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Re-examining paradigms of sibling incest
Jenny DiPlacidi

, excludes any paternal or head of family position. The anthropological understanding of the incest taboo as necessary to culture advanced by Claude Lévi-Strauss is similarly argued for by Leslie White, who describes the taboo’s sociological impact as overcoming the human inclination to mate with intimate associates. While White, like Lévi-Strauss, views this taboo as necessary to ensure the growth of

in Gothic incest
Open Access (free)
Charlotte Perkins Gilman, Sarah Grand and the sexual education of girls
Janet Beer and Ann Heilmann

to make informed choices. Grand and Gilman made central to their sociological writings and their fiction the terrible social consequences of the maintenance of girls in a state of ignorance. Throughout their work they invoke what was becoming a staple of feminist social theory, that the health of their respective nations was dependent upon the health of the female body. By extension, the abuse of that body is made symptomatic of the degenerate value systems of their societies. Through reference to questions of women’s dress, to male and female bodily hygiene, to the

in Special relationships
Open Access (free)
Disrupting the critical genealogy of the Gothic
Jenny DiPlacidi

scholars through restrictive gendered lenses, modern literary analyses of the genre have equally been constrained by feminist perspectives on incest derived from sociological and psychological theories. The understanding of incest as a typically violent or non-consensual act reflective of male power is typified by psychologists and sociologists such as Lena Dominelli and Julie Brickman, who view incest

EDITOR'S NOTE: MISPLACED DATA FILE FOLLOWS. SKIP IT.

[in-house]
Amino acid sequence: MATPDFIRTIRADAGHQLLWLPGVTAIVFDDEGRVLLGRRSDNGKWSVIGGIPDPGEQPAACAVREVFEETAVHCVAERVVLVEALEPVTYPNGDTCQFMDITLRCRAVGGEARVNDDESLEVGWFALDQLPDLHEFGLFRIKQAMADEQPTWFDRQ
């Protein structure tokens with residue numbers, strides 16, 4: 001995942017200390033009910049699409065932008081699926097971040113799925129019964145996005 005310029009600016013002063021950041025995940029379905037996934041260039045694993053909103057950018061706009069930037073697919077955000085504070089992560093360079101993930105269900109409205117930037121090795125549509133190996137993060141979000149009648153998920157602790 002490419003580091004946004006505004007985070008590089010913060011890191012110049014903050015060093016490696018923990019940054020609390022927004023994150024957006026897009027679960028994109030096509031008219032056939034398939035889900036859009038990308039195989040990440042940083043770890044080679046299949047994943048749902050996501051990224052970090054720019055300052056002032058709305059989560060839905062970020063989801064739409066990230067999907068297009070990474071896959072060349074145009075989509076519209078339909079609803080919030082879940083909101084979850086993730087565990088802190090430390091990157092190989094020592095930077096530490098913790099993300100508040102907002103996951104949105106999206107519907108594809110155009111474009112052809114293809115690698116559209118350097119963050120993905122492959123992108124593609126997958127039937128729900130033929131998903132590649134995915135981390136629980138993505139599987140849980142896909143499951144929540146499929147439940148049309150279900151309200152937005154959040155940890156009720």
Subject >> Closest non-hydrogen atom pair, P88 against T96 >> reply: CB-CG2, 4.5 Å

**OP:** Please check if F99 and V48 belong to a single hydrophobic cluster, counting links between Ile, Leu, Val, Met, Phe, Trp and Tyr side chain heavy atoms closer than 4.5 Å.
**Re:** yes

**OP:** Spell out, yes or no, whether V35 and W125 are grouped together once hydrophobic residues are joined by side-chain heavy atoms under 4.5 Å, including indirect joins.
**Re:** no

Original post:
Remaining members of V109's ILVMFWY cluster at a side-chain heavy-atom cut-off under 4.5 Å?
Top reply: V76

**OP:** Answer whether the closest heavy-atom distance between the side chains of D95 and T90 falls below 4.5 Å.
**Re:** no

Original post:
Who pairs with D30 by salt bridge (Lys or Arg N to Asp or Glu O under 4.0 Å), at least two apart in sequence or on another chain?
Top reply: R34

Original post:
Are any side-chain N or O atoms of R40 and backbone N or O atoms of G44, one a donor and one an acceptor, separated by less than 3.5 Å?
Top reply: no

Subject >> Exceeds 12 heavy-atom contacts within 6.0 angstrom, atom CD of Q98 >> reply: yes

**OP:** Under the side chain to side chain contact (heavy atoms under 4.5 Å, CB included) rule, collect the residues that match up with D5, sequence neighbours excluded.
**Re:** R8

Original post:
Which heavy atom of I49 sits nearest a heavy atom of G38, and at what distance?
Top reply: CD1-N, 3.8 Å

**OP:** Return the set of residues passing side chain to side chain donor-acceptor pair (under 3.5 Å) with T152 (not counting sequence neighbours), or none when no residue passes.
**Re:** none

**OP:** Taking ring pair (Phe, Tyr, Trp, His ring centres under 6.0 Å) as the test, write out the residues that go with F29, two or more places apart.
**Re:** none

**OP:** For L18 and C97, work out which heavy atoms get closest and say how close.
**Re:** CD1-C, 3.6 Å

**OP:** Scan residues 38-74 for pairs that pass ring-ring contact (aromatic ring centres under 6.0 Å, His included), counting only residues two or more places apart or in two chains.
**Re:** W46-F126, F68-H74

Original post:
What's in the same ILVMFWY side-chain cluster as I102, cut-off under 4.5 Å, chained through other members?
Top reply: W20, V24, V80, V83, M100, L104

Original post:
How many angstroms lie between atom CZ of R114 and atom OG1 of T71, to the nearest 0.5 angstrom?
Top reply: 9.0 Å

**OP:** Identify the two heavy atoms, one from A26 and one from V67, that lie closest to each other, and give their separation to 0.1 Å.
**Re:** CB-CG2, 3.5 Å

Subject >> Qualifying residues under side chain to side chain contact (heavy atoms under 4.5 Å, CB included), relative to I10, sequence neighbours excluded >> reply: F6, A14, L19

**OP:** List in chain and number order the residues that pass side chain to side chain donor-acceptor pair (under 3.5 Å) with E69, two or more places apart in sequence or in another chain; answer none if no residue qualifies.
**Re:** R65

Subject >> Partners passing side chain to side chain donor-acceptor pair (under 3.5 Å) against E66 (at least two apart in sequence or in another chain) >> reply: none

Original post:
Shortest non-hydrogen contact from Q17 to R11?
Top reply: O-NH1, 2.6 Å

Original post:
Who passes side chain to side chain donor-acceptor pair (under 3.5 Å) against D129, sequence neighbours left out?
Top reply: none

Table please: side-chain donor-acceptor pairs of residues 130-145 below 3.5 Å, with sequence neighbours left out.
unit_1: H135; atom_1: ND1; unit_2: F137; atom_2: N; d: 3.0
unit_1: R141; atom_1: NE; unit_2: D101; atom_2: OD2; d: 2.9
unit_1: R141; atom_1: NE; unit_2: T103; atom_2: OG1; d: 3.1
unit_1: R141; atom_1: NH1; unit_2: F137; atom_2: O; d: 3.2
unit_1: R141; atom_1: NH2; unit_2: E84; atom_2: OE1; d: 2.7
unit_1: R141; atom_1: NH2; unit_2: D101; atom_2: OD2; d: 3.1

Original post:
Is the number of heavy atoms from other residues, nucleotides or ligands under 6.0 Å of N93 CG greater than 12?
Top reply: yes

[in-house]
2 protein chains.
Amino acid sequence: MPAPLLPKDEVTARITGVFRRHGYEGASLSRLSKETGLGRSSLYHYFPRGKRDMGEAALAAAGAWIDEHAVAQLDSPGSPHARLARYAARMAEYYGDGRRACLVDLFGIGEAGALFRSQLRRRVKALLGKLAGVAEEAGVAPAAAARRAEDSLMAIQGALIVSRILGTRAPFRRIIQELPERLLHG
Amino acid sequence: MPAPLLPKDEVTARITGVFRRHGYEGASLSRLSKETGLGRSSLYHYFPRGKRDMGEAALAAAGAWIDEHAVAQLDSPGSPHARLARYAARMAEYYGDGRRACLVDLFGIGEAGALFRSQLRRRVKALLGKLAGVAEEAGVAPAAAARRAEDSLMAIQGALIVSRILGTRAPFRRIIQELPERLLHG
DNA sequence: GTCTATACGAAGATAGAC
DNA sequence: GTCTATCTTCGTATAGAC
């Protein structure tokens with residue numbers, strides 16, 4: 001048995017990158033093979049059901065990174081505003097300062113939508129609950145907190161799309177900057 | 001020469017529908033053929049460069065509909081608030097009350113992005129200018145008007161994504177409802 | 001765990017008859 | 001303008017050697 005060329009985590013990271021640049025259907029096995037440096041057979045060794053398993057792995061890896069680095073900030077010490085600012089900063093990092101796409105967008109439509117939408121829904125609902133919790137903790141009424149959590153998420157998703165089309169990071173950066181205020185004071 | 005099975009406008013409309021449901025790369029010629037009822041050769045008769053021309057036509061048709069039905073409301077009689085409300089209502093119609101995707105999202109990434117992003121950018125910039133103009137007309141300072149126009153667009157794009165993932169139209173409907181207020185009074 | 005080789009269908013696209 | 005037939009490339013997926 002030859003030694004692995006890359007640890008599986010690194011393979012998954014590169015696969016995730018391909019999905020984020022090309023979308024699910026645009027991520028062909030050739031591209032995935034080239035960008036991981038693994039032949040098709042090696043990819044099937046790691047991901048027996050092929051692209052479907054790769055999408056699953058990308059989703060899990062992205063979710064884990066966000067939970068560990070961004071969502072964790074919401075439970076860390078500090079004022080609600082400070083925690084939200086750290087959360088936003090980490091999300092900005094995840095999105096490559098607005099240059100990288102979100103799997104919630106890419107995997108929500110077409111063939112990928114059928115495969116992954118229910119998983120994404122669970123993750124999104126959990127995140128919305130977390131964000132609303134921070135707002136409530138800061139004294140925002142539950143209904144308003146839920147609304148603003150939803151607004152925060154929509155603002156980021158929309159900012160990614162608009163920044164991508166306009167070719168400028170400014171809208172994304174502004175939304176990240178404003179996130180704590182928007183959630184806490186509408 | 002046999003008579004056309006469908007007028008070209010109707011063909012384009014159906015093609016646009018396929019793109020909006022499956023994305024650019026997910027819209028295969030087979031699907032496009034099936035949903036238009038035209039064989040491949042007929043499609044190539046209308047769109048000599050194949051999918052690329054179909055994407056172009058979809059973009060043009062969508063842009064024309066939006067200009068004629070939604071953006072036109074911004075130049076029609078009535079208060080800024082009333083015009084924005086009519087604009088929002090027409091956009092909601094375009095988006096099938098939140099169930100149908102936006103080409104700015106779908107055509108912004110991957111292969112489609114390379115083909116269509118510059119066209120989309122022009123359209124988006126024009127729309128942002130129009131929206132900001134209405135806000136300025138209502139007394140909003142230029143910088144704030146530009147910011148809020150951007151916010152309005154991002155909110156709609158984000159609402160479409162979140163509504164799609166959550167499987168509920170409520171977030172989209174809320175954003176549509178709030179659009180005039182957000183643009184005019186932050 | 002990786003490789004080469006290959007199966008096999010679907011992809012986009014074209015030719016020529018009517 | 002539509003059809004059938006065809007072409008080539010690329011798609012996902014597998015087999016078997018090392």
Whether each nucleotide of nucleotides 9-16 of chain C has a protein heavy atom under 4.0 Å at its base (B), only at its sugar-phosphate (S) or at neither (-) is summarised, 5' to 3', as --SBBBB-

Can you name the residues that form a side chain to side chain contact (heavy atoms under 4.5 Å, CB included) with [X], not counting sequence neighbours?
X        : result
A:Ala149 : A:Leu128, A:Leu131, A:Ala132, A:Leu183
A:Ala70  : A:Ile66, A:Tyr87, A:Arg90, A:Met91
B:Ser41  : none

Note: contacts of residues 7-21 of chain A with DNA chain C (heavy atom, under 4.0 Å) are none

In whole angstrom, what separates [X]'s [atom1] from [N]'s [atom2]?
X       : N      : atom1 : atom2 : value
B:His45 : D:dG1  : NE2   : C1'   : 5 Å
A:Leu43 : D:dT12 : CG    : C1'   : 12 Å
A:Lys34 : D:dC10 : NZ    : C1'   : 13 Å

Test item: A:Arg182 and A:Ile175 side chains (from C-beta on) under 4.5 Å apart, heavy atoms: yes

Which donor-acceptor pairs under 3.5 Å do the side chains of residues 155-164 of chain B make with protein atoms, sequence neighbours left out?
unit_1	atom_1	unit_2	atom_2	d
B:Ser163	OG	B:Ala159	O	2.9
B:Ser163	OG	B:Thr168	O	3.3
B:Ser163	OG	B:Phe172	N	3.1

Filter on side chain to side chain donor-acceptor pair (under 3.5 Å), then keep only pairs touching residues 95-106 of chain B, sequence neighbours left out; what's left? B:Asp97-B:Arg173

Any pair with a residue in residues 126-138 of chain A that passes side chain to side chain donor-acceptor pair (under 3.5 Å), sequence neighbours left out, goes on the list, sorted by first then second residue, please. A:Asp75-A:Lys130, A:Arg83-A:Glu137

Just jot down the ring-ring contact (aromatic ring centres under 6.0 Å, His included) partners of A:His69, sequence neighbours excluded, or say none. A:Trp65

in Gothic incest
Open Access (free)
Ethnicity and popular music in British cultural studies
Sean Campbell

_Ch7 119 22/3/02, 10:01 am 120 Cultural negotiations this emphasis on visible difference was ‘understandable at one level because of the systematic racism and discrimination which has characterized the experience of different collectivities of mainly British citizens who have migrated from the New Commonwealth and Pakistan, and their British born children’ (1995: 7). If the administering of cultural studies’ ‘turn’ towards questions of race and ethnicity was forged in the context of these particular sociological practices and historical circumstances, then it

in Across the margins
Cardboard publishers in Latin America
Lucy Bell

its semantic space with “rejects”, “wastrels”, “garbage”, “refuse” – with waste’ and ‘the destination of waste is the waste-yard, the rubbish heap’ (2004: 12; author’s italics). This division between valuable and worthless, included and excluded, is not a natural one, but rather a barrier erected by humans as a strategy to ensure the smooth running of the status quo. Bauman’s theory is clearly grounded in the discipline of sociology and has as its principal concern the connection between economic progress and social inequalities. In the introduction to his book, he